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Nuxt stories module -- Painless storybooking for Nuxt
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Nuxt stories module -- Painless storybooking for Nuxt

Current status: Works ok for me pretty well, but usage over time will help dictate our needs of this module. Some brainstorming notes are at the bottom.

Update in 0.0.10: Added stories.plugin.js to the package.json (important fix..) Update in 0.0.9: A toggle button has been added to make it easy to show / hide the stories navbars. Now it's easier to use on both desktop and mobile platforms. Update in 0.0.8: The "root" .vue file will be the first .vue file found in the stories folder. By default, this is ".stories/index.vue".

See it in ACTION: DEMO (Ctrl+Click for new tab)


Much respect goes to storybookjs. I really like their idea, however, when it came time to using storybook with Nuxt, I found myself running into several roadblocks and problems that this module intends to solve:

  1. I needed to maintain a separate config in the .storybook folder, when I would have preferred to just maintain config in one place: nuxt.config
  2. It would require a separate 'npm run' command, so if I had my nuxt app running in dev mode, it meant that every time I wanted to design components in isolation, I had to run storybook, instead of just going to my "storybook routes"
  3. Sometimes I wanted to make use of Nuxt plugins, modules, and Vuex while designing components (use cases to be saved for future discussion), but because the storybook environment was isolated, I couldn't easily tap into the Nuxt features I needed. It would require either ugly hacks to config or a lot of extra work that I didn't want to be bothered it. Since storybooking is something I would plan to do for all professional projects, I can't afford to spend too much time fighting the tool and redoing configs. Plus, if I happened to be super smart and figure the config out once, good luck if I could remember all those steps for the next project several months later.
  4. The AH HA moment! NUXT already provides you all the tools you need to build a storybook quickly that works alongside your app really nicely! Just EXTEND THE ROUTES when in dev mode only! Then just navigate to those routes! EASY!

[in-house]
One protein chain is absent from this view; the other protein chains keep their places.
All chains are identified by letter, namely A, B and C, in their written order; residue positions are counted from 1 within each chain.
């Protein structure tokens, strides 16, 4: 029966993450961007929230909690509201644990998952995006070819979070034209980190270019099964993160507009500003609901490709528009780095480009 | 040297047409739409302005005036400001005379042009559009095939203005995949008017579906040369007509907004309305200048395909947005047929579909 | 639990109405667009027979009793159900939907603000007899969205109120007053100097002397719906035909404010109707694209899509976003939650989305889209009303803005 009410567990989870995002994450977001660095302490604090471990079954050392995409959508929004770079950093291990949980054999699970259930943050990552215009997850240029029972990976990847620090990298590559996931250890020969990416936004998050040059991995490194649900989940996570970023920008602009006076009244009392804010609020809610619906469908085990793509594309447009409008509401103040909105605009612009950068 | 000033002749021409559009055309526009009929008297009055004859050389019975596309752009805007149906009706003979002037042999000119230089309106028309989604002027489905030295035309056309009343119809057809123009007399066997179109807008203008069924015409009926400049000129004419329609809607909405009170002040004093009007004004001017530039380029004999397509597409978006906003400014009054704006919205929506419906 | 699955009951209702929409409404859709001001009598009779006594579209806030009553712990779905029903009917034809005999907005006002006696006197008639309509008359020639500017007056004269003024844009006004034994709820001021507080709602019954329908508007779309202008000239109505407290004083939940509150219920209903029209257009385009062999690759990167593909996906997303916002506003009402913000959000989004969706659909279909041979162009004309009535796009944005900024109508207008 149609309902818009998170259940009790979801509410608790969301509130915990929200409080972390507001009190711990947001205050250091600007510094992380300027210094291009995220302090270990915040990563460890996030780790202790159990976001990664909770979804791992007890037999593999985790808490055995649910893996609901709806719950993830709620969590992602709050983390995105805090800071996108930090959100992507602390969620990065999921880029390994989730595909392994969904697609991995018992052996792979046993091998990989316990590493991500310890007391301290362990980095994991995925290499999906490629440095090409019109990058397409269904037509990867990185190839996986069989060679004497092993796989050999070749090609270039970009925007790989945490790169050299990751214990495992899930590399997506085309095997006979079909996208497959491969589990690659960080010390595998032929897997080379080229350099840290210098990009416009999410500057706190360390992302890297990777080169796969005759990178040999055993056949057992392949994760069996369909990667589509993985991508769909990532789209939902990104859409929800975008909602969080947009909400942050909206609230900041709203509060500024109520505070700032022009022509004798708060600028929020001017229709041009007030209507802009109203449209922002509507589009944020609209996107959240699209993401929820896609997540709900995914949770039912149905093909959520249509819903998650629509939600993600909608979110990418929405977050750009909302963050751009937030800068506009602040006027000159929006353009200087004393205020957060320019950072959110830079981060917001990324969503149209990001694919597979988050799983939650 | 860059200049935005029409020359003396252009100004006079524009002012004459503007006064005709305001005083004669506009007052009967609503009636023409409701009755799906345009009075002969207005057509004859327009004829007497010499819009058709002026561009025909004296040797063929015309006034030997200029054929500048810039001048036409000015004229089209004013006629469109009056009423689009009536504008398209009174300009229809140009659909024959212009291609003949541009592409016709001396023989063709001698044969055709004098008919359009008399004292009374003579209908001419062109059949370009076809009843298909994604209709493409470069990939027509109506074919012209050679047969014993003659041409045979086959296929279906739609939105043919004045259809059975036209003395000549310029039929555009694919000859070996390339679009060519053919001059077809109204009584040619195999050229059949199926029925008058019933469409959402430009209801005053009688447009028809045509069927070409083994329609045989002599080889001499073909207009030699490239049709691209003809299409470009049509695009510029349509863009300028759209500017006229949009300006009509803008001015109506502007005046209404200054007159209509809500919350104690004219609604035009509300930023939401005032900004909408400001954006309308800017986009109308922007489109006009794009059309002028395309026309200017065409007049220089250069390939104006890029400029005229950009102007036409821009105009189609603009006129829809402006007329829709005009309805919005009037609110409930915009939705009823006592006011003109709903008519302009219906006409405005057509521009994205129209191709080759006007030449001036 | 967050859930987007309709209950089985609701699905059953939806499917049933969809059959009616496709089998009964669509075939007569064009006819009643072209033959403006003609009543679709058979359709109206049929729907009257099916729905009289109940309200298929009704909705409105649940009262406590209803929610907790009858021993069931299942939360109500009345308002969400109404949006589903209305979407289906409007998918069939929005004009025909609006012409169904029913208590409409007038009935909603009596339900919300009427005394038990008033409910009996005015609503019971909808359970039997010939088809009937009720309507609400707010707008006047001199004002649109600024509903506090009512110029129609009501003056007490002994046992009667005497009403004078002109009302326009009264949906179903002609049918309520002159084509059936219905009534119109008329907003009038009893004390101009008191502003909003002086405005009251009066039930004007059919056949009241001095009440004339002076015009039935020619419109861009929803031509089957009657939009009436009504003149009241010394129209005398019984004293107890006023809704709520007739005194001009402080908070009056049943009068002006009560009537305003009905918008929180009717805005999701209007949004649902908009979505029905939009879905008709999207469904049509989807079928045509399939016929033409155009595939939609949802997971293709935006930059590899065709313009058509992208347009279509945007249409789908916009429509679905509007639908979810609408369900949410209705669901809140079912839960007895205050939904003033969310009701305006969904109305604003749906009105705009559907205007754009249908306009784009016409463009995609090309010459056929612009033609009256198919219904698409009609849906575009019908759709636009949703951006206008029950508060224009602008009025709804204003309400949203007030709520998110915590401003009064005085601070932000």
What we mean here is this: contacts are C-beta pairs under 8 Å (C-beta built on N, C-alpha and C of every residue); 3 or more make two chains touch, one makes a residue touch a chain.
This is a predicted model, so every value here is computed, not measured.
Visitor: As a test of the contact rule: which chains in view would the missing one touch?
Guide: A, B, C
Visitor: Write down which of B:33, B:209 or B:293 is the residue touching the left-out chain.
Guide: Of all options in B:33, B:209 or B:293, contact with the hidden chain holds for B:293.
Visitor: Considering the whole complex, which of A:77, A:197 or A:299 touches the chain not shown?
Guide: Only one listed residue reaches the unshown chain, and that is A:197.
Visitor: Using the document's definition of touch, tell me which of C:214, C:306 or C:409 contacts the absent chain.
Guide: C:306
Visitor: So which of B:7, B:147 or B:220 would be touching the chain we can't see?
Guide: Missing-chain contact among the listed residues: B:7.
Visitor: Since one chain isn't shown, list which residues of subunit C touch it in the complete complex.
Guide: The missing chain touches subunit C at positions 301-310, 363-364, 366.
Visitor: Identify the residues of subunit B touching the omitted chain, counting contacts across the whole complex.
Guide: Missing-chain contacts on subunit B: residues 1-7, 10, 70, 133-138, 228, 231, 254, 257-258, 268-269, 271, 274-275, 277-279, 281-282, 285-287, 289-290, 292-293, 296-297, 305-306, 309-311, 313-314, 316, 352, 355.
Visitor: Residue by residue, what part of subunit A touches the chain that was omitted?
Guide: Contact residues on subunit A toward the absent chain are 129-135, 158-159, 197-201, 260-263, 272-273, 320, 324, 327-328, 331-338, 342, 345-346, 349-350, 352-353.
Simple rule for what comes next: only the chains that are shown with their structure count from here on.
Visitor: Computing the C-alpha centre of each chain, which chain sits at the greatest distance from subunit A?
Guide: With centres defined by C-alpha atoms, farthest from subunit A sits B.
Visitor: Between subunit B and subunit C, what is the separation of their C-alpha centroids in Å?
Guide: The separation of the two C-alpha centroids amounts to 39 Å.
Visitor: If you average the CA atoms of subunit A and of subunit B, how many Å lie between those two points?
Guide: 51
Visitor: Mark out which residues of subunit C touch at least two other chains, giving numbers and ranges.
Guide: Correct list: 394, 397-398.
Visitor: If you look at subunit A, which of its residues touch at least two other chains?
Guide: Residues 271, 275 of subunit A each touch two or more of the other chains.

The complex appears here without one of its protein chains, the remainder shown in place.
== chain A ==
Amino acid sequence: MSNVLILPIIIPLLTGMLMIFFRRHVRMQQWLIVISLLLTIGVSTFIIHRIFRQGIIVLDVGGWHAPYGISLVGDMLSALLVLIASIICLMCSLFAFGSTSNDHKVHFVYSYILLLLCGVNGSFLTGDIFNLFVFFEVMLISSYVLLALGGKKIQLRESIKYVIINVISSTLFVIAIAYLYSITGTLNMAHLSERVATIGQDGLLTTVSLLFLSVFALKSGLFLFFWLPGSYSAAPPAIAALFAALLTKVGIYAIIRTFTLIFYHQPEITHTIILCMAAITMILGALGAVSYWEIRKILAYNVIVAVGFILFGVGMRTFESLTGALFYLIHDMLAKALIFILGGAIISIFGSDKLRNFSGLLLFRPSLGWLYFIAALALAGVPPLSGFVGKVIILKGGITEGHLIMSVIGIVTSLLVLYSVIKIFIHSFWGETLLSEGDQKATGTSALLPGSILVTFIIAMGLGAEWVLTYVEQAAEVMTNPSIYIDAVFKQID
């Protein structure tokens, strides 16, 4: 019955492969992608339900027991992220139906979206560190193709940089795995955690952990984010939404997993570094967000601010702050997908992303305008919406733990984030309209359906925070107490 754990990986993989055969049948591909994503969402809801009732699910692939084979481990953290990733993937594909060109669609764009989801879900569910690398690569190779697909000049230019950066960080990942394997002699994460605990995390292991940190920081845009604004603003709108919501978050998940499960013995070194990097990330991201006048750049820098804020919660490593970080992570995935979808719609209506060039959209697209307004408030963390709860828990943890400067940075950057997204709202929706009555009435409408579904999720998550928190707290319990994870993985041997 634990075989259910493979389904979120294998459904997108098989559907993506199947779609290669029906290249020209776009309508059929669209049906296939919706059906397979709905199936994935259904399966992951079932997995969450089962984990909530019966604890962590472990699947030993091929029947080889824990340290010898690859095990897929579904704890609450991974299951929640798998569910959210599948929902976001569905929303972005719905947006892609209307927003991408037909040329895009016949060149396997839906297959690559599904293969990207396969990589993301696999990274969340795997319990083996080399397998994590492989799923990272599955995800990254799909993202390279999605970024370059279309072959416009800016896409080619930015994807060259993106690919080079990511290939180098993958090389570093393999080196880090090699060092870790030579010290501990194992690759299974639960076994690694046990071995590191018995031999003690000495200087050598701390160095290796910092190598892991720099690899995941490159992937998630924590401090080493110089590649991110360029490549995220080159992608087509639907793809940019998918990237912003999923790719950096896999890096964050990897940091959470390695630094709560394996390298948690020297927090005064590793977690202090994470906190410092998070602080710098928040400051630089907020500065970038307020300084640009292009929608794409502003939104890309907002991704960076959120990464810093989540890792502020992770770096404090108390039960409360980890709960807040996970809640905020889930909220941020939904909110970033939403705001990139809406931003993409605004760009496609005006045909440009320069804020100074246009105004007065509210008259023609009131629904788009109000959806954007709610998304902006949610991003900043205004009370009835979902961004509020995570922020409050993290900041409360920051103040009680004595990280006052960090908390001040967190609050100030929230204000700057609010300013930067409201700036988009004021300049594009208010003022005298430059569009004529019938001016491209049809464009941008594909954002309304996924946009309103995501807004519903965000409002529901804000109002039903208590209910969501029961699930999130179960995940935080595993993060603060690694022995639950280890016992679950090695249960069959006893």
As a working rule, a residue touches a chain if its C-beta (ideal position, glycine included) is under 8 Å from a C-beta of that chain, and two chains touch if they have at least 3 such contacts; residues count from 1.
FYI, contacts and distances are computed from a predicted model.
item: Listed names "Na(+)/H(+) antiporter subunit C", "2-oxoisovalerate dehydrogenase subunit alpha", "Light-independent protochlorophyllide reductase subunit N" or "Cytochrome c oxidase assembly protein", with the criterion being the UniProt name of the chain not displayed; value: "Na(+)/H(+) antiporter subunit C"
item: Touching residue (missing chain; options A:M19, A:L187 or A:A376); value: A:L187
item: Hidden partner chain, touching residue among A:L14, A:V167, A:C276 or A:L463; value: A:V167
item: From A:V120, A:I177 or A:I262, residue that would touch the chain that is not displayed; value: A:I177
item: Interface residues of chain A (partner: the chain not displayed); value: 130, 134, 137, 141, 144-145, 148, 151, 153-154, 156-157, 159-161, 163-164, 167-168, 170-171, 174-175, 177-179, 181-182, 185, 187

1. Pre-reqs: (note: these should have already been installed if you used create-nuxt-app, but if in doubt, re-run)

    npm i -D glob pify @nuxt/utils

  2. This module: (note: this will also install gently-copy which is used by the postinstall script. It will also install vue-bootstrap to ensure sample stories are styled correctly)

    npm i -D nuxt-stories

Post-installation (automatic)

Be aware, post install, the postinstall script will try to create a .stories directory and copy in a few example stories to get you started asap.


In your nuxt.config.js file, just specify nuxt-stories as one of your buildModules. It will only be enabled if your environment is development OR if you specify forceBuild: true. There might be times where you want to host the app as a static site so that you can also share the stories. However, normally in production, you probably wouldn't want to package them.

buildModules: [
  [ 'nuxt-stories', { forceBuild: false } ]

Usage (EASY!)

When you first install the module, the folder .stories should be created with example stories in it. This folder is treated exactly like your pages folder, except that your stories go in this one. Routes are auto-created using the same createRoutes() utility that Nuxt uses to create your pages routes, so you can structure your stories similarly. To avoid conflicting with any real routes that might be named "stories", the story routes will start at ".stories". In addition, you might find it useful in your workflow to have the ".stories" really close to your "components" folder in your working tree. It should be much faster now in your IDE to switch between the two folders.

To see your stories, go to: https://[yourapp]/.stories. EASY!


As of version >= 1.0.2, the stories can now be written in markdown. This package ships with a "Markdown" component that is enabled by default. To use it, just wrap any of your stories with the <markdown></markdown>. For example:

      # This is a heading

      ## This is a sub-heading

      ### Here are some bullets:

      * Bullet 1
      * Bullet 2